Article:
Psalm 90

Meditations on the Psalms by Kevin Youngblood

Teach us how to apportion our days that we might gain a wise heart. Psalm 90:12

Psalm 90 is a sobering reflection on the brevity of human life from the perspective of divine eternity. With the reality of death firmly fixed before the psalmist, he proceeds to marvel at the speed with which the days evaporate. Nothing quite focuses our attention on the present, on our priorities, as does the contemplation of our deaths, especially the fact that we are not guaranteed another day on this earth. There is simply no time to waste on sin and self from this perspective. Perhaps this is why the Rule of St. Benedict advises us “To desire eternal life with all of the passion of the spirit. To keep death daily before one’s eyes.”

This I think captures well what the psalmist is saying: “Teach us to keep death daily before our eyes.” When I practice this discipline of contemplating my death, of imagining that today is the last day of my life, I am immediately ashamed at how much time I have wasted on foolish, shallow pleasures, on sin and selfishness. I would get stuck in this downward spiral of shame were it not for the assurance of God’s mercy and forgiveness. Lamentations 3:23 comes into razor sharp focus – YHWH’s compassionate acts are renewed every morning. In the light of Psalm 90 and in the light of the discipline of “keeping death daily before my eyes” I come to see that time itself is a grace of God. The fact that God has given me one more day to make things right, to live with the correct priorities, to give sin no place, and to waste no time on selfishness and shallow pleasures is itself evidence that he graciously woke me up this morning to further his work in my mind and heart and to extend his healing love in and through me for the betterment of the world.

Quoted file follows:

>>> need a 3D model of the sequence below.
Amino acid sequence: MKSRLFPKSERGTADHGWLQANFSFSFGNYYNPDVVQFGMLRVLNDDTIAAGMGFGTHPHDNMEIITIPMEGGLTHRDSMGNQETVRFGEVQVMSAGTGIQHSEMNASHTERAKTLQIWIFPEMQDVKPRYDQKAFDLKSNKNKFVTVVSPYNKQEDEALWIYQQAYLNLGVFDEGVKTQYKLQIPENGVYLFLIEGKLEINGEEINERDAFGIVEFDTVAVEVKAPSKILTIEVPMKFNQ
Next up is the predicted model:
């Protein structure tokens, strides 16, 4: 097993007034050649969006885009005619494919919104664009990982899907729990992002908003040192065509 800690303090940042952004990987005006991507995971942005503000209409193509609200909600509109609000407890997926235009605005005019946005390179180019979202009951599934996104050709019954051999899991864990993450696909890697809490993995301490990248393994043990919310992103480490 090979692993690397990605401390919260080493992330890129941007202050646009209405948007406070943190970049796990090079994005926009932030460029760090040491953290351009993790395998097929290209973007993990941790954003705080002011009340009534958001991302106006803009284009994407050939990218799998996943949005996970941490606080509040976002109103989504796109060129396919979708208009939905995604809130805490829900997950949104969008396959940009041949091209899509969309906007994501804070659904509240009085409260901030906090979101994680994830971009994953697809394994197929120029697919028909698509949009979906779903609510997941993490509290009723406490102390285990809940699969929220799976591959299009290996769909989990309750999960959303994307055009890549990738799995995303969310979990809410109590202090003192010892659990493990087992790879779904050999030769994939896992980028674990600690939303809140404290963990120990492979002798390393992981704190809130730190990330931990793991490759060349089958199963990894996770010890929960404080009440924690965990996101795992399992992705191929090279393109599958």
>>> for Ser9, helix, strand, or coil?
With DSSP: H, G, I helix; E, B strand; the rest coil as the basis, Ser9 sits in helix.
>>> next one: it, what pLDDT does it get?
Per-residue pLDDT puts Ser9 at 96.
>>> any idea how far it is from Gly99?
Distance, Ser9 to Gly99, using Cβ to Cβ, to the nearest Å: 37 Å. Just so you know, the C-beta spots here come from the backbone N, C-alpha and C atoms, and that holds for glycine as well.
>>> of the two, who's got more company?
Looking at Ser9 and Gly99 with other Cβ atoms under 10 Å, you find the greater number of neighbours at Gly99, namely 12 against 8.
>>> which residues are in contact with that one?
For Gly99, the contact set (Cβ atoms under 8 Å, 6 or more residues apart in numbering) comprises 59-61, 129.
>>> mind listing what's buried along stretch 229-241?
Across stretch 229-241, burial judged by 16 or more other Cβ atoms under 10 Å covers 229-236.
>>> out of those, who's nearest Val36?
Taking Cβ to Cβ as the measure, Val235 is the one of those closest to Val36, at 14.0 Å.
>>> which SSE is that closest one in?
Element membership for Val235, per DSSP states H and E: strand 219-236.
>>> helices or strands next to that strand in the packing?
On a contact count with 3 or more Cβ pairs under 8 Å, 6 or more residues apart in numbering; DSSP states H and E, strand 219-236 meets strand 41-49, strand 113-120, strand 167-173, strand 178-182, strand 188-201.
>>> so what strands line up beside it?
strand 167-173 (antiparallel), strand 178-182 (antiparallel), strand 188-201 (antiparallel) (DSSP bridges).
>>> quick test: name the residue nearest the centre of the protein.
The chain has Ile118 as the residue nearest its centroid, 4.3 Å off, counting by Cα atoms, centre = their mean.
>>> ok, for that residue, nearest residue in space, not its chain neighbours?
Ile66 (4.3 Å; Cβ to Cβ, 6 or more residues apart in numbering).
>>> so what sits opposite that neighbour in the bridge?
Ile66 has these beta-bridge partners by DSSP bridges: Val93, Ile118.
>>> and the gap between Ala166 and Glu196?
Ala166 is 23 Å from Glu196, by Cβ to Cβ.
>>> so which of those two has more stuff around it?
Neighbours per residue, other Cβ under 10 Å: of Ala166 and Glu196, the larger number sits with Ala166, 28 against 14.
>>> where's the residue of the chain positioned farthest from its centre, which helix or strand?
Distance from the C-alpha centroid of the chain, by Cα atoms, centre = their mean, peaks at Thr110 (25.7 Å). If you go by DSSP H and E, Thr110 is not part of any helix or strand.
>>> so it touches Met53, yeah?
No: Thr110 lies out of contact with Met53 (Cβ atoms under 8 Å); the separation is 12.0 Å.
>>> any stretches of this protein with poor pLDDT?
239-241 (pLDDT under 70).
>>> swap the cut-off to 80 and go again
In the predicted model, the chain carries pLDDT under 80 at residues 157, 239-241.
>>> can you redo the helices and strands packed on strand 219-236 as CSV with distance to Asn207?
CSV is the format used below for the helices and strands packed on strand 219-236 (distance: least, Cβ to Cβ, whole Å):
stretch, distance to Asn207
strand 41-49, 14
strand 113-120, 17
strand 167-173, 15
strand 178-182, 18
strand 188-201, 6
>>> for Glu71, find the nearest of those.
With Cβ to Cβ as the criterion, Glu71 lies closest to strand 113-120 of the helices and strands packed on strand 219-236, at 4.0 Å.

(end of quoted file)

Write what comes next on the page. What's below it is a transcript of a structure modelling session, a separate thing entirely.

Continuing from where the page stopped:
Having said that, I do not want to leave the impression that I have in anyway overlooked the emphasis on divine wrath that runs through verses 5-11 of this psalm. In fact, the repetition of words for God’s wrath in this part of the psalm is troubling to me. The psalmist seems to suggest that the brevity of human life is a function of divine wrath – a punishment leveled on all humanity regardless of the degree of individual culpability. One readily thinks of Billy Joel’s quip “Only the good die young.” Indeed, it does seem that far too often the lives of truly great men and women who are truly making a positive difference in the world are snuffed out before they’re even in their prime. One thinks of King Josiah whose religious reforms sparked a remarkable return to God in Judah and yet both his reforms and his life were cut tragically short by his death at the hands of Pharaoh Neco at Meggido. More recently, one thinks of Martin Luther King, Jr. Alternatively, persons determined to perpetrate great wickedness on the world seem to be given plenty of time in which do it. Think, for example, of King Manasseh of Judah whose fifty-five year reign (the longest of any king in either Israel or Judah!) sealed Judah’s tragic fate of destruction and exile, or of the 29 year reign of the unbelievably cruel Roman Emperor Caligula. Troubling indeed.